UCF gets green light for downtown Orlando campus

- The University of Central Florida is a major step closer to being able to build a campus at the site of the old Amway Arena in Downtown Orlando after the state university system's Board of Governors voted 14-2 to approve $20 million for the effort. 

Mayor Buddy Dyer believes this is a big deal, adding, “This is a really good day in Orlando and another example of the power of partnership and collaboration.”

With the approval now in place, Mayor Dyer knows there are still two crucial steps to go: he has to get the $20 million approved by both the Florida Legislature and Governor Rick Scott.

“Our conversations with the governor have been that he is supportive of this project, and I think irrespective, unless we just have a total meltdown, and they are not able to do a budget, they still have to come back and do a budget, so we have great support.”

The funding was vetoed last year when the Legislative Session did melt down, and Dyer acknowledged there is a lobbying effort left.  “I have great confidence that we will make it through the process both through the Legislative portion as well as the governor’s review of the budget once it is passed, but we will not take that for granted and we will be working that the next couple of weeks.”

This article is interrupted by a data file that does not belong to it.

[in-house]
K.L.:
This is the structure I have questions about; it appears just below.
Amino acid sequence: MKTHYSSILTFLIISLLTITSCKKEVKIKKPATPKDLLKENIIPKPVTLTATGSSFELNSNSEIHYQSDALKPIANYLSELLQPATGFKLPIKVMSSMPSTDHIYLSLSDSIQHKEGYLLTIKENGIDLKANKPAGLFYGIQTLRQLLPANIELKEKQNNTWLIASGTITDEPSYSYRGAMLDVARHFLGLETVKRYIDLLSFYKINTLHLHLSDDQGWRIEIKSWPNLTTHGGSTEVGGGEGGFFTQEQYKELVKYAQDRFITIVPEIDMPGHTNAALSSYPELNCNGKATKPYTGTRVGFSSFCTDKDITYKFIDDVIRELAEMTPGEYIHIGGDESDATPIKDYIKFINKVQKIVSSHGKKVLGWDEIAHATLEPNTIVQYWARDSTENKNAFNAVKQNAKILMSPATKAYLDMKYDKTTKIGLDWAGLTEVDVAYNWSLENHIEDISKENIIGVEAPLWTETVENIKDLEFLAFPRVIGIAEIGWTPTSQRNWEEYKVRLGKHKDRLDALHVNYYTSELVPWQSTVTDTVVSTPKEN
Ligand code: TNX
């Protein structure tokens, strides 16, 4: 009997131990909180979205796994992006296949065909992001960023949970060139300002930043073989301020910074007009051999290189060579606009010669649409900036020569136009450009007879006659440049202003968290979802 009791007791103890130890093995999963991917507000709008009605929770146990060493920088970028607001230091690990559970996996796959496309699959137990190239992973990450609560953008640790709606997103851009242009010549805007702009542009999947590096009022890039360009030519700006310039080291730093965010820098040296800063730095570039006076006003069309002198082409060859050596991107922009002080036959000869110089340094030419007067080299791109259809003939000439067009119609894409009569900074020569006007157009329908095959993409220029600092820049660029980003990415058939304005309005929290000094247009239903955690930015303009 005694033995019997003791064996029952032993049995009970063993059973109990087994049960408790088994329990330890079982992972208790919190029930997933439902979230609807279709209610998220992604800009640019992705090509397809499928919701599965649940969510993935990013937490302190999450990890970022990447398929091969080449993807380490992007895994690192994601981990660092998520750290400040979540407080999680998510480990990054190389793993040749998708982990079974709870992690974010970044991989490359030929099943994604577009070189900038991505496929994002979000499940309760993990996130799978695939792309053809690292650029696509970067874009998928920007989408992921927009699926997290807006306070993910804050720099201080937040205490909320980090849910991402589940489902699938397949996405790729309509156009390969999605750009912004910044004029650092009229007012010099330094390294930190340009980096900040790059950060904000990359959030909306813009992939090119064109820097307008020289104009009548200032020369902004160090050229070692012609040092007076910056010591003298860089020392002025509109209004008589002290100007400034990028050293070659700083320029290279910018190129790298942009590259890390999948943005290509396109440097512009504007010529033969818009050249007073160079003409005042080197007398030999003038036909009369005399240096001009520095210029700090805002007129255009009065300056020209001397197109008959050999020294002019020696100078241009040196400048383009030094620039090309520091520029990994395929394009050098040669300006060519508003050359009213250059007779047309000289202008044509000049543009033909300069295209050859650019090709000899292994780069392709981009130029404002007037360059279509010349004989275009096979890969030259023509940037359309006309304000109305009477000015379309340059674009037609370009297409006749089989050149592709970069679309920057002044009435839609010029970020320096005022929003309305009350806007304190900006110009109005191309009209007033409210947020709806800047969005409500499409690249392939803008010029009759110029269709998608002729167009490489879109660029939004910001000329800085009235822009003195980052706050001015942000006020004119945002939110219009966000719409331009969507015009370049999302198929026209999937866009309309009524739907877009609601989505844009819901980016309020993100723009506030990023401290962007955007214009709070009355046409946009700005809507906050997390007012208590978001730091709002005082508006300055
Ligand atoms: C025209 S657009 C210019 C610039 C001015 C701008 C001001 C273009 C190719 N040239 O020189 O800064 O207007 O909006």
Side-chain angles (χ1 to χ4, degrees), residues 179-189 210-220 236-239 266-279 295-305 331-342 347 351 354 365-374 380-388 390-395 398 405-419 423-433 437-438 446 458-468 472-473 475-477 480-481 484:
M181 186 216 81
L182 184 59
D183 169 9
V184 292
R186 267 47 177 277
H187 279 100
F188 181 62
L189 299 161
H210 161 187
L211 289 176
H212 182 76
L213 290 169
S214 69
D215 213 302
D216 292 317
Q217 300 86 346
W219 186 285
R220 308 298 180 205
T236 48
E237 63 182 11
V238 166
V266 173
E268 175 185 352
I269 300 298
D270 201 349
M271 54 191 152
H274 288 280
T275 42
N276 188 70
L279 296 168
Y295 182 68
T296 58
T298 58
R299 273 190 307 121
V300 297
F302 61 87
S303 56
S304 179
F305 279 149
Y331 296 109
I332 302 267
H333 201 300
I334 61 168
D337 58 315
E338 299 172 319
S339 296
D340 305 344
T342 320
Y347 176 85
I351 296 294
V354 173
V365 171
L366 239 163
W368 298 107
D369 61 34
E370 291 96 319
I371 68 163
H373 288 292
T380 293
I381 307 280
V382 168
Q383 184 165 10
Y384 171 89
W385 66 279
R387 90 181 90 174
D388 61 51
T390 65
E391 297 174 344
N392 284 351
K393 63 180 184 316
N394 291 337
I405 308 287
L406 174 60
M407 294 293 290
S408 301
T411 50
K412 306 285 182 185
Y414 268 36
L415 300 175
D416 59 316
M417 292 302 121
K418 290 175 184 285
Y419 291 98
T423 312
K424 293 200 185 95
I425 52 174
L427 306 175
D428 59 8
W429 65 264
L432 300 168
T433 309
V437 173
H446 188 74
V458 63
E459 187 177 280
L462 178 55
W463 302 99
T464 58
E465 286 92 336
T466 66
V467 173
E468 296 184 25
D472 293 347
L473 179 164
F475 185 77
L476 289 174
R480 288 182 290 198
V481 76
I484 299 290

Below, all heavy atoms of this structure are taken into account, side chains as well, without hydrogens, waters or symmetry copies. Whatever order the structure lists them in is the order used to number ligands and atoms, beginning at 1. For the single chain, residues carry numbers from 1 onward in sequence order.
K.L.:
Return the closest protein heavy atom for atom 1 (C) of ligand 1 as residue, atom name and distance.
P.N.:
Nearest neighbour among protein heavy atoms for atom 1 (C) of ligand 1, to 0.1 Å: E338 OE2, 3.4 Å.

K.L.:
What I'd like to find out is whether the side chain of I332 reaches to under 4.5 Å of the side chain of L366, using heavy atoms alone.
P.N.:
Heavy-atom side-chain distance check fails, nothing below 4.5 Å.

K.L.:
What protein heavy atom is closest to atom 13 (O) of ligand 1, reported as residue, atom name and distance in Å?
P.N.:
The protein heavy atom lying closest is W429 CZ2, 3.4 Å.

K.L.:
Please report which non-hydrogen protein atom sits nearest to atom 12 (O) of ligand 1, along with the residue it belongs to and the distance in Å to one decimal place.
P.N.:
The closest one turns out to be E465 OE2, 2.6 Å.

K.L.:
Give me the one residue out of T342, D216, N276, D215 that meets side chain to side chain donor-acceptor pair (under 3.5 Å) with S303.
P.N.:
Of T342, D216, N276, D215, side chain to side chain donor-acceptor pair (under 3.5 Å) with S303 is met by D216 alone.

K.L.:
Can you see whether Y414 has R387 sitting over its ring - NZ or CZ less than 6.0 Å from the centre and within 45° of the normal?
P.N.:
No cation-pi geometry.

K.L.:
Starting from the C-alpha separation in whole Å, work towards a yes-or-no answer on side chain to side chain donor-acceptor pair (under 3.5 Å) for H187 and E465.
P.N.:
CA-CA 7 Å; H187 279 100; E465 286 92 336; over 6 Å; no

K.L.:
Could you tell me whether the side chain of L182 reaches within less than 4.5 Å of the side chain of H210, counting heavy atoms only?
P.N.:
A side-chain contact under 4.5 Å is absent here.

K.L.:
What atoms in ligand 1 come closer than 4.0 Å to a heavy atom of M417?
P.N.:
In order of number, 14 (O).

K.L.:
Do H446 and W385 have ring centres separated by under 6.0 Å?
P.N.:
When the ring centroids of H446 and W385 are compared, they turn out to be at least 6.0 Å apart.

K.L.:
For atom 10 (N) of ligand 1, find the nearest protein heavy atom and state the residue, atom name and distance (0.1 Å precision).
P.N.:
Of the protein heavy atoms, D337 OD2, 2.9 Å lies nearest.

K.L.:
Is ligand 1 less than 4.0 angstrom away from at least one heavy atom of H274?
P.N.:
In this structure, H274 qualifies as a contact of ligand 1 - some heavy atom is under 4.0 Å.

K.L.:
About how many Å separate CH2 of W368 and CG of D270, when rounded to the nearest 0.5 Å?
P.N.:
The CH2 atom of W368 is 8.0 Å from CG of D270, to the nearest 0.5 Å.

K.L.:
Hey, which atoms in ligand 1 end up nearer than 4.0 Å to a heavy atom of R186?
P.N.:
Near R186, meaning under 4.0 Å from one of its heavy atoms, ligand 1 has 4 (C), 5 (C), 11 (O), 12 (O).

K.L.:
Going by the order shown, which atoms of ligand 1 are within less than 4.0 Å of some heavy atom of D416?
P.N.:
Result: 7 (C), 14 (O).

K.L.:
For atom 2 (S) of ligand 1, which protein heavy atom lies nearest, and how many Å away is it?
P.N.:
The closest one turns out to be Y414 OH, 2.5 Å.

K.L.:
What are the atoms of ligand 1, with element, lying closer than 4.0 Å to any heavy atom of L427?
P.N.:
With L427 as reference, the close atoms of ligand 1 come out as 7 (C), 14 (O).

The $20 million in state money would be combined with $20 million from UCF's budget and $20 million in privately raised donations. The vote made the funding contingent on that private money, and UCF President Dr. John Hitt says he is working to get that last 4 million done.  “Well, if any of you want to get out your checkbook. (laughs)”

Among board members, south Florida attorney Dean Colson, expressed reservations. He called UCF a good university, not a great one, and said the school needs a new science building more than a downtown campus.  “I do not believe this is a priority for the state university system, and I do not believe this is a priority for UCF.”

The new campus would have 7,700 students, but a third of those would be online only as part of a health information technology program.  Other programs that would be at the downtown campus would include government, digital media, social work -- including law. The university hopes to have that campus opened by the Fall of 2018.

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